Page 10, 1st March 1996

1st March 1996
Page 10
Page 10, 1st March 1996 — RONALD ROLHEISER

Report an error

Noticed an error on this page?
If you've noticed an error in this article please click here to report it.



Related articles

We Live To Give Glory To God

Page 14 from 24th October 2003

Struggling With Growth

Page 10 from 30th October 1992

Continuation From Page 1 Of Text Of Bishop Von Galen's...

Page 8 from 19th December 1941

Why The Papal Ruling On Contraception Is Absolute

Page 4 from 8th January 1982

No Justification For Killing

Page 4 from 15th January 1982


Thou shalt not kill

AN OLD AXIOM suggests that the sixth commandment gets all the ink, but the fifth commandment is the one that does us in. We are always killing.

Why do I say that? Murder, after all, is a rather infrequent occurrence.

There are different meanings to the precept thou shalt not kill. On the surface, it is clear. Murder is wrong. Jesus, however, in the Sermon on the Mount, points out that this commandment, understood more fully, does not just forbid the external act of killing, it also forbids killing others in our thoughts and attitudes: "You have heard it said, "You shall not murder..." but I say to you that if you are even angry with a brother or sister, you are liable to judgement."

Henri Nouwen said that nobody is shot with a bullet who is not first shot with a word and nobody is shot with a word who is not first shot with a thought. Killing is not just a brute external act, it is, in its more common form, a subtle internal thing. All of us break the fifth commandment in countless ways.

We do it in the negative and suspicious judgements we make about each other: "He thinks he's so clever!" "He's a sham, everything he does is for show!" "She's so proud of herself, but she should be staying home and taking care of her own children!" Almost every minute of our lives, we are making judgements like this and, in them, we are killing those around us, shooting them through the heart just as surely as if we are doing it with a gun. What breaks the fifth commandment is not just the brute act of murder, or even the physical acts of bullying or abuse. Paranoia, false suspicion, harsh judgement, cynicism, and negativity, be it in word or attitude, also kill.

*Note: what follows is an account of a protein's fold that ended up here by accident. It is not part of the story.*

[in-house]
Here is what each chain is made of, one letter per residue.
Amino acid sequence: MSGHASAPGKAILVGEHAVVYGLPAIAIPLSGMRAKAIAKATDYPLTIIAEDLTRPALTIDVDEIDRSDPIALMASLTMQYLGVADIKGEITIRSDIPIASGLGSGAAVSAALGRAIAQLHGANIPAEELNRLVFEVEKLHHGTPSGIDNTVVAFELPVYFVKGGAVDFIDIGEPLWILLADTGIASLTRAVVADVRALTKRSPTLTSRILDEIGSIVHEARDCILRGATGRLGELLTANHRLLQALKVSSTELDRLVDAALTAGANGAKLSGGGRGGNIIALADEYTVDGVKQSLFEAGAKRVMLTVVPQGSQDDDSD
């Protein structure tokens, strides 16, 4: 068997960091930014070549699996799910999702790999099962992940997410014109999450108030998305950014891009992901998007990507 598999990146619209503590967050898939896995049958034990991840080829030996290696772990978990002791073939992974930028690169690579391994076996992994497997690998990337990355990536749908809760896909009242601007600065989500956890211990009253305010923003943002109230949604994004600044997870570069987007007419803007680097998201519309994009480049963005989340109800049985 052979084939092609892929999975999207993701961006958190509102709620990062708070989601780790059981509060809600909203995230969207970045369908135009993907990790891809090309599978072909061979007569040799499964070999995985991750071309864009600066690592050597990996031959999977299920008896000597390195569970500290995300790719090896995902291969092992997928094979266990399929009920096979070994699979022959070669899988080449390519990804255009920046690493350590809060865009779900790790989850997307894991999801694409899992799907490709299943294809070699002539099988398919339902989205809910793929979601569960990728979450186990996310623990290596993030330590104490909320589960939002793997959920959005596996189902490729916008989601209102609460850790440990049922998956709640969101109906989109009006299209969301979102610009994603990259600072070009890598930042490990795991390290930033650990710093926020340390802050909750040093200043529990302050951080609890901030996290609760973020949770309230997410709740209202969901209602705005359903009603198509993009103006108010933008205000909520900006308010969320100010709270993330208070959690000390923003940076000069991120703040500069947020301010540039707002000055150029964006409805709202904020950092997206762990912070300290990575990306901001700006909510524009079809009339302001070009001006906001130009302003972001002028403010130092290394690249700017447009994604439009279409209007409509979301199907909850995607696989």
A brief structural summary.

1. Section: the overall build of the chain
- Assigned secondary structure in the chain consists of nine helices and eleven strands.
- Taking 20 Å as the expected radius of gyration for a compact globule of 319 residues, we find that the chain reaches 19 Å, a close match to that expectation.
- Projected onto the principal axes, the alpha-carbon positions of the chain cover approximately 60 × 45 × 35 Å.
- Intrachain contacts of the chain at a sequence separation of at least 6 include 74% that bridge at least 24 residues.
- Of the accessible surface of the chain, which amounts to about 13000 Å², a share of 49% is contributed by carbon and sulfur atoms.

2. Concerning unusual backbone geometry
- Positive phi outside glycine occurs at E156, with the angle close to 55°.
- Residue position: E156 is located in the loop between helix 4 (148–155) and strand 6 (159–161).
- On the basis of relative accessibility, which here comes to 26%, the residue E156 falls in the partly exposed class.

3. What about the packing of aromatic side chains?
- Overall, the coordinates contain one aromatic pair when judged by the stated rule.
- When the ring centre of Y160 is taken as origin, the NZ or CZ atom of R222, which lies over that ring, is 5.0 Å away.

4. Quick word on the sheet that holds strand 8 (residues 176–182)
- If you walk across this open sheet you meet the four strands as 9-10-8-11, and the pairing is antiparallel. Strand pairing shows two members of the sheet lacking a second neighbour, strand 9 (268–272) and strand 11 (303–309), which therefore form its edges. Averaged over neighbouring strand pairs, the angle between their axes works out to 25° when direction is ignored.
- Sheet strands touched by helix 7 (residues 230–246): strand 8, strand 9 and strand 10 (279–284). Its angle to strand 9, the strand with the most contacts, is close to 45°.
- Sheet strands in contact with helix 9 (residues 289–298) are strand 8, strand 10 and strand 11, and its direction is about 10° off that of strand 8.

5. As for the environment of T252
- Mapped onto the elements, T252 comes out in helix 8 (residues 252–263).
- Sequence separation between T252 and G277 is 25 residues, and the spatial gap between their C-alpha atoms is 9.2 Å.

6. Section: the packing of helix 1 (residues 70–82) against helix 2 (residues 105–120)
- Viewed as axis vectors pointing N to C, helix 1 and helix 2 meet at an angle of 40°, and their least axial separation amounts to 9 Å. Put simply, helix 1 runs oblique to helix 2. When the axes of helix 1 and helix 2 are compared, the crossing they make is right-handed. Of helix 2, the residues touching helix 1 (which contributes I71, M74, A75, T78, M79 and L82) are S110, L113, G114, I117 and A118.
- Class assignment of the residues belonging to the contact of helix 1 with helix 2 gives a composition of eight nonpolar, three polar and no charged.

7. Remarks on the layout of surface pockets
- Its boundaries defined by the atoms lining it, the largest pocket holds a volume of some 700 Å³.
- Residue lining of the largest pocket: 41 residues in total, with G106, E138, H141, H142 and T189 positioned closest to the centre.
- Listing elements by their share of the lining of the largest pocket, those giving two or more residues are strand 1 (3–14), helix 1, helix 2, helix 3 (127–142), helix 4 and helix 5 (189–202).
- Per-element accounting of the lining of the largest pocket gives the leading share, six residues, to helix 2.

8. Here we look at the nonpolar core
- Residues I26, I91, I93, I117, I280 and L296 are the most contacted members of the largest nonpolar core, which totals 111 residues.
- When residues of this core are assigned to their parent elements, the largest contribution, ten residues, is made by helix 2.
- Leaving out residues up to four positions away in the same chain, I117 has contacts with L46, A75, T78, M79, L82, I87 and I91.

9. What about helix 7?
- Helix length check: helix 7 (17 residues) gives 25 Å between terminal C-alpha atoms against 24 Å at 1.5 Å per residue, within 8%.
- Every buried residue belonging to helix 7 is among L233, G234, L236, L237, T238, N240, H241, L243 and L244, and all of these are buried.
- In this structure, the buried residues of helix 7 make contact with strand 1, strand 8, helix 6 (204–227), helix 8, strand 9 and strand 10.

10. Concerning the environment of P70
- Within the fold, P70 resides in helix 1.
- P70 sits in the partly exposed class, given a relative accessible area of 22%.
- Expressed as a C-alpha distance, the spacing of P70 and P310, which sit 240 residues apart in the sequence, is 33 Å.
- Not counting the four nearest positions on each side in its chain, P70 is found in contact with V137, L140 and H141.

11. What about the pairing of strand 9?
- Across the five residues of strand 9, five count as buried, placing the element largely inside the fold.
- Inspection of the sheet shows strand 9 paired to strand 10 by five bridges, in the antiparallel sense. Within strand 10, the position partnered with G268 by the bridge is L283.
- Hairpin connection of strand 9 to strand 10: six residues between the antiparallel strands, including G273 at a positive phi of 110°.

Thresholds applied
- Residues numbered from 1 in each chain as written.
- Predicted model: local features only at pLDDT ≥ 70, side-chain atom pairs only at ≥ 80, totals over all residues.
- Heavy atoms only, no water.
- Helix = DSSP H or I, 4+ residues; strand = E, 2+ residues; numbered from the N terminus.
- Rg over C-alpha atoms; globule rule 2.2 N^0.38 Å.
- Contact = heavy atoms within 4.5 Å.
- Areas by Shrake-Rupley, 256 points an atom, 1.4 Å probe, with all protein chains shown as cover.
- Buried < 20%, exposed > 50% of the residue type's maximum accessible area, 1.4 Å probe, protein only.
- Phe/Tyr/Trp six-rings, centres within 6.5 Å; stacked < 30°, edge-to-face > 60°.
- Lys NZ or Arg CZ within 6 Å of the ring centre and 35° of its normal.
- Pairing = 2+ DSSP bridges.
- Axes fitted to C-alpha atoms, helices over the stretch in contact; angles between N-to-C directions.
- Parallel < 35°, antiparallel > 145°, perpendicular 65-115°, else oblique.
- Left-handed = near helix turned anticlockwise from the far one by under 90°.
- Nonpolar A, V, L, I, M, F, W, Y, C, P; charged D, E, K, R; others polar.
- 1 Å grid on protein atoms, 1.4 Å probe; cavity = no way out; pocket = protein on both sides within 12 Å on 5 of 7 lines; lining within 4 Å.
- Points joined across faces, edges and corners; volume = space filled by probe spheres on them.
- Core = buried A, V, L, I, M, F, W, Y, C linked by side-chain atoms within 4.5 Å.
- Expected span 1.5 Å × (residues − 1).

Thus for example, in our envy of others we kill their spontaneity; in our criticism of others we kill their enthusiasm; in our neglect of our own children and in our refusal to bless them with our affirmation, we help kill their capacity to love others; with our suspicions we kill trust; with our cynicism we kill the capacity of the community to build; in our infidelities we kill the bond that makes for family; in our laziness we kill creativity; in our abuse

of food, alcohol, and drugs we kill our own bodies; in our excesses we kill enjoyment and in our habit of depreciating before appreciating, we kill the very goodness with which God surrounded creation,

we kill the original blessing of God. In the harsh thoughts we have we kill each others' capacity to be free

and joyous. Small wonder that death, sadness, harshness, coldness, fear, suspicion, and joylessness are most everywhere.

An image can be helpful here: Most of us shrink in horror from the word necrophilia, the perverse practice of making love to dead bodies. It is incomprehensible to us. How could someone actually do this? Yet, in very subtle forms, this is what we do when, in our paranoia, suspicion, envy, and wound we kill enthusiasm, kill free dom, and kill life in the ways just described. When I am so cynical that my main wish is to see things

destroyed rather than built up, I am preferring death to life; when

the first mode of my entry into community is to criticise rather than to look for the good, I am preferring death to life; and when

my habitual thoughts of others are suspicious and judgemental, I am

likewise preferring death to life. In all these ways, I break the fifth commandment.

Thou shalt not kill! The older we get the more that commandment, among all others, takes on promi nence. Alice Miller, the renowned Swiss psychologist suggests that, from mid-life onwards, the great struggle for all humans is the struggle not to give way to bitterness, resentment, self-pity, and all the negativity and harsh judgements that flow from that. That is another way of saying the real struggle for adults is with the fifth commandment. Jesus, in dialogue with the Scribes and Pharisees, says essen tially the same thing. His issue with them, as with the Older Brother of the Prodigal Son, is with the fifth commandment. In their attitudes, they were forever killing others.

Thou shalt not kill! Thou shalt not negate the goodness of creation by preferring death to life! Do not silence a heartbeat not just with a gun, but also not with harsh words,

suspicious judgements, empty cynicism, broken commitments, and blessings that are never given. t

blog comments powered by Disqus